KUALA LUMPUR: Property transactions dropped in the first nine months of last year, said the Valuation and Property Services Department, confirming observations by real estate professionals that the market is slowing down.
Although the number of transactions was lower, there was an upward trajectory in value, an indication of rising prices.
The department’s deputy director-general Faizan Abdul Rahman said the residential sub-sector, which accounted for about 64% of the total property transactions, saw a 14% drop from a year earlier, with average house prices exceeding RM300,000.
Faizan was speaking at the 7th Malaysian Property Summit 2014 organised by theAssociation of Valuers, Property Managers, Estate Agents and Property Consultantsyesterday.
Faizan said the commercial sub-sector saw a drop of 22.3%, compared with the previous year.
The industrial, agricultural and development sub-sectors saw reductions of about 20%, 13.6% and 8.3%, respectively.
The total number of transactions for the first nine months fell to 280,820 valued at almost RM106bil, compared with 328,692 in 2012 worth RM107bil.
Transactions in 2010 surpassed the RM100bil mark as a result of an extremely buoyant market, which started in 2009. It has been on an upward trajectory since then.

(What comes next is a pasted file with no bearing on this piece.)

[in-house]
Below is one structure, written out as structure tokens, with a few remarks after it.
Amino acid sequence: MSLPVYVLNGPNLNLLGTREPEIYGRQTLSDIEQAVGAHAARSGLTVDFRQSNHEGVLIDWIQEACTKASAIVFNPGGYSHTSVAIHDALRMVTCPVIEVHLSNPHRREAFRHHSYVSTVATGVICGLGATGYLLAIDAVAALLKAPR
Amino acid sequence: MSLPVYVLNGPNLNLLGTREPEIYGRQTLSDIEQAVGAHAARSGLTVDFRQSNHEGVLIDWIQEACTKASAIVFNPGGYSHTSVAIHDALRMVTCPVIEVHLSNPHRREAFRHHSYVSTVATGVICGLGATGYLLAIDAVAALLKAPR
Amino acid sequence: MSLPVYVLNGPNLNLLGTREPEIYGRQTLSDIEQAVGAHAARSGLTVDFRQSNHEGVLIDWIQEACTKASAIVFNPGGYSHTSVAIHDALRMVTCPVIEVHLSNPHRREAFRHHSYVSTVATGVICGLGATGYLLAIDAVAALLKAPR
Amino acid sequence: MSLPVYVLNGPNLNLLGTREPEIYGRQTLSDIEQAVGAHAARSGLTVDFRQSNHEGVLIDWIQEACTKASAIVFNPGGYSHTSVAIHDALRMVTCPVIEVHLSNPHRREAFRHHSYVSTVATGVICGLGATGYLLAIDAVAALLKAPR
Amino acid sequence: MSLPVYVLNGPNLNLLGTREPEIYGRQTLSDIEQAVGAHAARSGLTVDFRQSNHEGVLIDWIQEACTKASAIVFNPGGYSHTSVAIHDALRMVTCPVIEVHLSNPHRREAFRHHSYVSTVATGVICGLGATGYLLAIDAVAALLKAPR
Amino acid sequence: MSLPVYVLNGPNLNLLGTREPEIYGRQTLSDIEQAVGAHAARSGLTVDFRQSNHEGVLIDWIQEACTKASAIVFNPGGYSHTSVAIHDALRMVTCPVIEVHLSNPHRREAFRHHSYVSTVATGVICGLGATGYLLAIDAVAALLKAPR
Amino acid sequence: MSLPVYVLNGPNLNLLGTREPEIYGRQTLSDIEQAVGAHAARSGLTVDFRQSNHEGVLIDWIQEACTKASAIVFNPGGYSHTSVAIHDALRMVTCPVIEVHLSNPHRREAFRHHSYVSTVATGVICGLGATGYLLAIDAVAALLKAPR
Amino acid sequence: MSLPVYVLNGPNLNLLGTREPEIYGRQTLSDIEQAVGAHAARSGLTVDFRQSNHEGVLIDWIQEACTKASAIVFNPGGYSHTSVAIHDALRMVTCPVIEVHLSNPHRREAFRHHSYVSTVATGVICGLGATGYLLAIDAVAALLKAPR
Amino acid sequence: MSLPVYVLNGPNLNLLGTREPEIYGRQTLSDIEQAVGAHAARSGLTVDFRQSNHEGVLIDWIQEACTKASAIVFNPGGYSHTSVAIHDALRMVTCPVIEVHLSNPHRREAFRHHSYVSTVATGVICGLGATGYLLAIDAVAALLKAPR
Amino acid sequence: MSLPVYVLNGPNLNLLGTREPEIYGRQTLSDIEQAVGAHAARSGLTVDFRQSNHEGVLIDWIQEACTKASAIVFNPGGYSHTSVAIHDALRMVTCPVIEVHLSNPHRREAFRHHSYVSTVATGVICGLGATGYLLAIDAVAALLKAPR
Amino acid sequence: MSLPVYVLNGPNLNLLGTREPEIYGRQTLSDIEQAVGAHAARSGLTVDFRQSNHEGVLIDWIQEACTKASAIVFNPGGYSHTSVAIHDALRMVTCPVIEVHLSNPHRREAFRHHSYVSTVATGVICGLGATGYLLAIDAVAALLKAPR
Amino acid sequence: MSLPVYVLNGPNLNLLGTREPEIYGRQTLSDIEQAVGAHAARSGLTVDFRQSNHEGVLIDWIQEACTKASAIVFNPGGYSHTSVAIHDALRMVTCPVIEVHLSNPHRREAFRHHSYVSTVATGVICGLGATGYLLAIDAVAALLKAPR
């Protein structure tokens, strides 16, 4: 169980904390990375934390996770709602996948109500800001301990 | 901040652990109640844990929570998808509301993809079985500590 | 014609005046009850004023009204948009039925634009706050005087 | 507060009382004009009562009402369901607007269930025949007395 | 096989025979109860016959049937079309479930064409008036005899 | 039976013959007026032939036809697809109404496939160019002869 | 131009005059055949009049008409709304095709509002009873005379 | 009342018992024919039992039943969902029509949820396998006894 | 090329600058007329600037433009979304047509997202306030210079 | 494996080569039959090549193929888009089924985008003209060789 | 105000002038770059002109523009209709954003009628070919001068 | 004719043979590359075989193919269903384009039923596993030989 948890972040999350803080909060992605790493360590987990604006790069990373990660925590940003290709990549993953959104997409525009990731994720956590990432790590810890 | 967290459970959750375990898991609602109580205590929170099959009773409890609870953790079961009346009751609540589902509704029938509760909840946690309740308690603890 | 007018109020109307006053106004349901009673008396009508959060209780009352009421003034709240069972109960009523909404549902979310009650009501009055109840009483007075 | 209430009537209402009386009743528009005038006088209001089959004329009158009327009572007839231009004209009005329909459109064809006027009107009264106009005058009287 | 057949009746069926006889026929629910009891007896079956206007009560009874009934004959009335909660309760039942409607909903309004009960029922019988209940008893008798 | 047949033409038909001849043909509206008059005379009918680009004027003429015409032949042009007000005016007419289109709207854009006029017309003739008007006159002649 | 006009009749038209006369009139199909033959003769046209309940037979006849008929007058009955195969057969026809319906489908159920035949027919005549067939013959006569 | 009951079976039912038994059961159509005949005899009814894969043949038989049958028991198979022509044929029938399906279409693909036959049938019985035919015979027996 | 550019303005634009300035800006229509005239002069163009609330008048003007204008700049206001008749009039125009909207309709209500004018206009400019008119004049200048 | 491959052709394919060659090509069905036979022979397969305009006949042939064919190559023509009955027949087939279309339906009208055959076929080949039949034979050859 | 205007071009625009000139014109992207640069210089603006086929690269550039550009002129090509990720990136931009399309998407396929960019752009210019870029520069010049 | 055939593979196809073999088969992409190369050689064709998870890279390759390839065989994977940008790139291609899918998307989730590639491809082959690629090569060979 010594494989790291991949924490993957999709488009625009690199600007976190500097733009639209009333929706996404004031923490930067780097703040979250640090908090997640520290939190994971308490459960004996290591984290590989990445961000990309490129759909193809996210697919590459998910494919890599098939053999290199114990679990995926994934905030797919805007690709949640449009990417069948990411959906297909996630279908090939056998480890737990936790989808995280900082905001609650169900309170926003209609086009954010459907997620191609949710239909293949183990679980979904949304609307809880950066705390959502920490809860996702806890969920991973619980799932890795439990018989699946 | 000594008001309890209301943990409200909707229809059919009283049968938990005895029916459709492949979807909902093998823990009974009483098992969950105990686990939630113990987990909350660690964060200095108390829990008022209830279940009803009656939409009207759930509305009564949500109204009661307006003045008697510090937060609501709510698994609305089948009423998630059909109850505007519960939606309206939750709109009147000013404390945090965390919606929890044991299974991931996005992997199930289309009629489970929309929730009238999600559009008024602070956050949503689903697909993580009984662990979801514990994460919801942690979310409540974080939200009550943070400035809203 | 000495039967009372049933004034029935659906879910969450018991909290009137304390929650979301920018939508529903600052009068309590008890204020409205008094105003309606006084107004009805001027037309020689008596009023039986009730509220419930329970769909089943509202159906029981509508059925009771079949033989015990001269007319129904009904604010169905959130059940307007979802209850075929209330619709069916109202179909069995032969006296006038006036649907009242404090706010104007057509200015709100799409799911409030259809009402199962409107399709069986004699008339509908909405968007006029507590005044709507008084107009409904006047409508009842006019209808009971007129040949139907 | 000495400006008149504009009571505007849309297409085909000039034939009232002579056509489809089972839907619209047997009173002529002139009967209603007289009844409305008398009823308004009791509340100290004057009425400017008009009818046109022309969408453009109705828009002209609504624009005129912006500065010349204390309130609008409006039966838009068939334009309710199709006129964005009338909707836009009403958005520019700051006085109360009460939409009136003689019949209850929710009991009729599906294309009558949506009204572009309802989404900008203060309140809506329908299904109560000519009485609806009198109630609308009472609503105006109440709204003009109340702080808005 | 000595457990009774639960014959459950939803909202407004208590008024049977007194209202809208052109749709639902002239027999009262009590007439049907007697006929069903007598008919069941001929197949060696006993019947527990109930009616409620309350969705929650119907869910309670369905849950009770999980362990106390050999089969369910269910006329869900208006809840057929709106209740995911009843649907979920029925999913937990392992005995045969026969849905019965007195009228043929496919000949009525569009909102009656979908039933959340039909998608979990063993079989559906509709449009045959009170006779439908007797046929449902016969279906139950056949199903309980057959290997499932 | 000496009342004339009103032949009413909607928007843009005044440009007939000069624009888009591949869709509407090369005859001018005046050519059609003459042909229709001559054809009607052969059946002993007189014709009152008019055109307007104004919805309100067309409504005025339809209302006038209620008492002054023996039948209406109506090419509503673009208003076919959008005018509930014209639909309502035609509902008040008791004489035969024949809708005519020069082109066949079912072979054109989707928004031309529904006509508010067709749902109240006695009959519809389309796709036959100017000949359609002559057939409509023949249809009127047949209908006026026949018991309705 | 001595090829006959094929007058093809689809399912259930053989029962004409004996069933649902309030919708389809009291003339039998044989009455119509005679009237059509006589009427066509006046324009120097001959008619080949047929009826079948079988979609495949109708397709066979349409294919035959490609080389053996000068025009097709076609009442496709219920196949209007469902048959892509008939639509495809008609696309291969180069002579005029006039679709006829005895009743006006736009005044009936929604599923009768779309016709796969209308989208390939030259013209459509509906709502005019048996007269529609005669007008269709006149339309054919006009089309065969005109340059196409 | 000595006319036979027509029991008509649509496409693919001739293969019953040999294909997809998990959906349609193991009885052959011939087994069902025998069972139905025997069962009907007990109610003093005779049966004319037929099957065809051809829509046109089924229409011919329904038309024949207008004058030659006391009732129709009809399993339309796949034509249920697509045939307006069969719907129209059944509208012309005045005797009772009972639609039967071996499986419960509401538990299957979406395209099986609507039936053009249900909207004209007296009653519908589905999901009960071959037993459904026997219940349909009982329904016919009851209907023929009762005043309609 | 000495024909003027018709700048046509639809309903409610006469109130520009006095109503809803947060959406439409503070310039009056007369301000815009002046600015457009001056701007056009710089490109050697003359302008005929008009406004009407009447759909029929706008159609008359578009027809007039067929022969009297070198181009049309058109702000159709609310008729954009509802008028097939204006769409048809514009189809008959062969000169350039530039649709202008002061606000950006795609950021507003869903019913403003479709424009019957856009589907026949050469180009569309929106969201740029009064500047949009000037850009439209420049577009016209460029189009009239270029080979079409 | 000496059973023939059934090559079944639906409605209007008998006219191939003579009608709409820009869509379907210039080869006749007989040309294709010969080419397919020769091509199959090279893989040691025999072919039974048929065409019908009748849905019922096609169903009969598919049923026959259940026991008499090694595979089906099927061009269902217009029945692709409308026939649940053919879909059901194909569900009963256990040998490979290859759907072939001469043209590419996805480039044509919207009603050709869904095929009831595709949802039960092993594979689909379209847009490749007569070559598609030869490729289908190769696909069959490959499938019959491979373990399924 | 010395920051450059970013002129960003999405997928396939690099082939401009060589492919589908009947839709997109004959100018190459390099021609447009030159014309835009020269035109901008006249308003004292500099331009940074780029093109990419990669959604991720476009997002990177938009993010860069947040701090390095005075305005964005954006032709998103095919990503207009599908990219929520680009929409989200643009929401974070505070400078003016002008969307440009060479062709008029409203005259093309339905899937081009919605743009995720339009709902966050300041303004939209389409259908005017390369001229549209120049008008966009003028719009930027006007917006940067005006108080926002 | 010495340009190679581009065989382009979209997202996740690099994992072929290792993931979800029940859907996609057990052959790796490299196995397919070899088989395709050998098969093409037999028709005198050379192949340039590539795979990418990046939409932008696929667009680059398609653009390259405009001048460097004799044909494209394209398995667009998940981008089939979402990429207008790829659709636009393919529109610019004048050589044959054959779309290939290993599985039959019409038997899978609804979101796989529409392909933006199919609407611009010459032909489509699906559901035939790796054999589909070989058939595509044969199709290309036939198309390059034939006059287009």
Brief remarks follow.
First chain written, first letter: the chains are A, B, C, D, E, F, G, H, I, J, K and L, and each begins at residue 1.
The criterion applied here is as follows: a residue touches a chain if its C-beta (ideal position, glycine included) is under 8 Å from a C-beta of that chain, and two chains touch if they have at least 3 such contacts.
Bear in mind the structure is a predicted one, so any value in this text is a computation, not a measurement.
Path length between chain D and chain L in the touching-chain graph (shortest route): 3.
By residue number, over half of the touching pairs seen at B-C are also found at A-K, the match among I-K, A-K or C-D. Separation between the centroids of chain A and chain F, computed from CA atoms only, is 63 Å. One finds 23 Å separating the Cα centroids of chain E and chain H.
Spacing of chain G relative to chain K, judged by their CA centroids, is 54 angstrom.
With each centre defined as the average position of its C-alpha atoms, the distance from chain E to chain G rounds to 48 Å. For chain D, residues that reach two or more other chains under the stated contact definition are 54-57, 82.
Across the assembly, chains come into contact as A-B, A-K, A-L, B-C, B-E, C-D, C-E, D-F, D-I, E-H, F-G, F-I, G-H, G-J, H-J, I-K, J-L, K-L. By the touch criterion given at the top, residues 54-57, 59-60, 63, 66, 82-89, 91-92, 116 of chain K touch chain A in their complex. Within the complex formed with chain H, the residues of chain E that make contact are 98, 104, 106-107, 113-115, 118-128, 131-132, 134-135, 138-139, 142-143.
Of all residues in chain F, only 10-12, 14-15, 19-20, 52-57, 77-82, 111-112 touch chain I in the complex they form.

On the effect of the various tightening measures, organising chairman Choy Yue Kwong said they would curb excessive speculation.
Choy, who is Rahim and Co (Selangor) Sdn Bhd managing director, said the measures would discourage speculators from using bank loans to finance their purchases.
“The curbs are slowly taking effect. The measures will have a significant impact on speculation, especially speculators who depend on bank loans,” he said.
Choy added that the real property gains tax (RPGT), however, will have little effect on curbing speculative activities in the market.
He said the RPGT should have been introduced earlier when house prices were lowerand prices had appreciated faster, resulting in higher profit margins.
Prices had skyrocketed now, squeezing profit margins and rendering the RPGT less effective, he added.
CH Williams Talhar & Wong Sdn Bhd managing director Foo Gee Jen, meanwhile, said there was a mismatch between the demand for real estate and supply.
“There is an oversupply of high-end residential property in the market. Prices have gone up too much over the last few years. What people really need is affordably priced lower-to-mid-range housing,” said Foo.
“Developers will be pressured to cater to this market segment that is most in need. Having said that, the bright side is that the market is expected to stabilise with more realistic prices over the year.”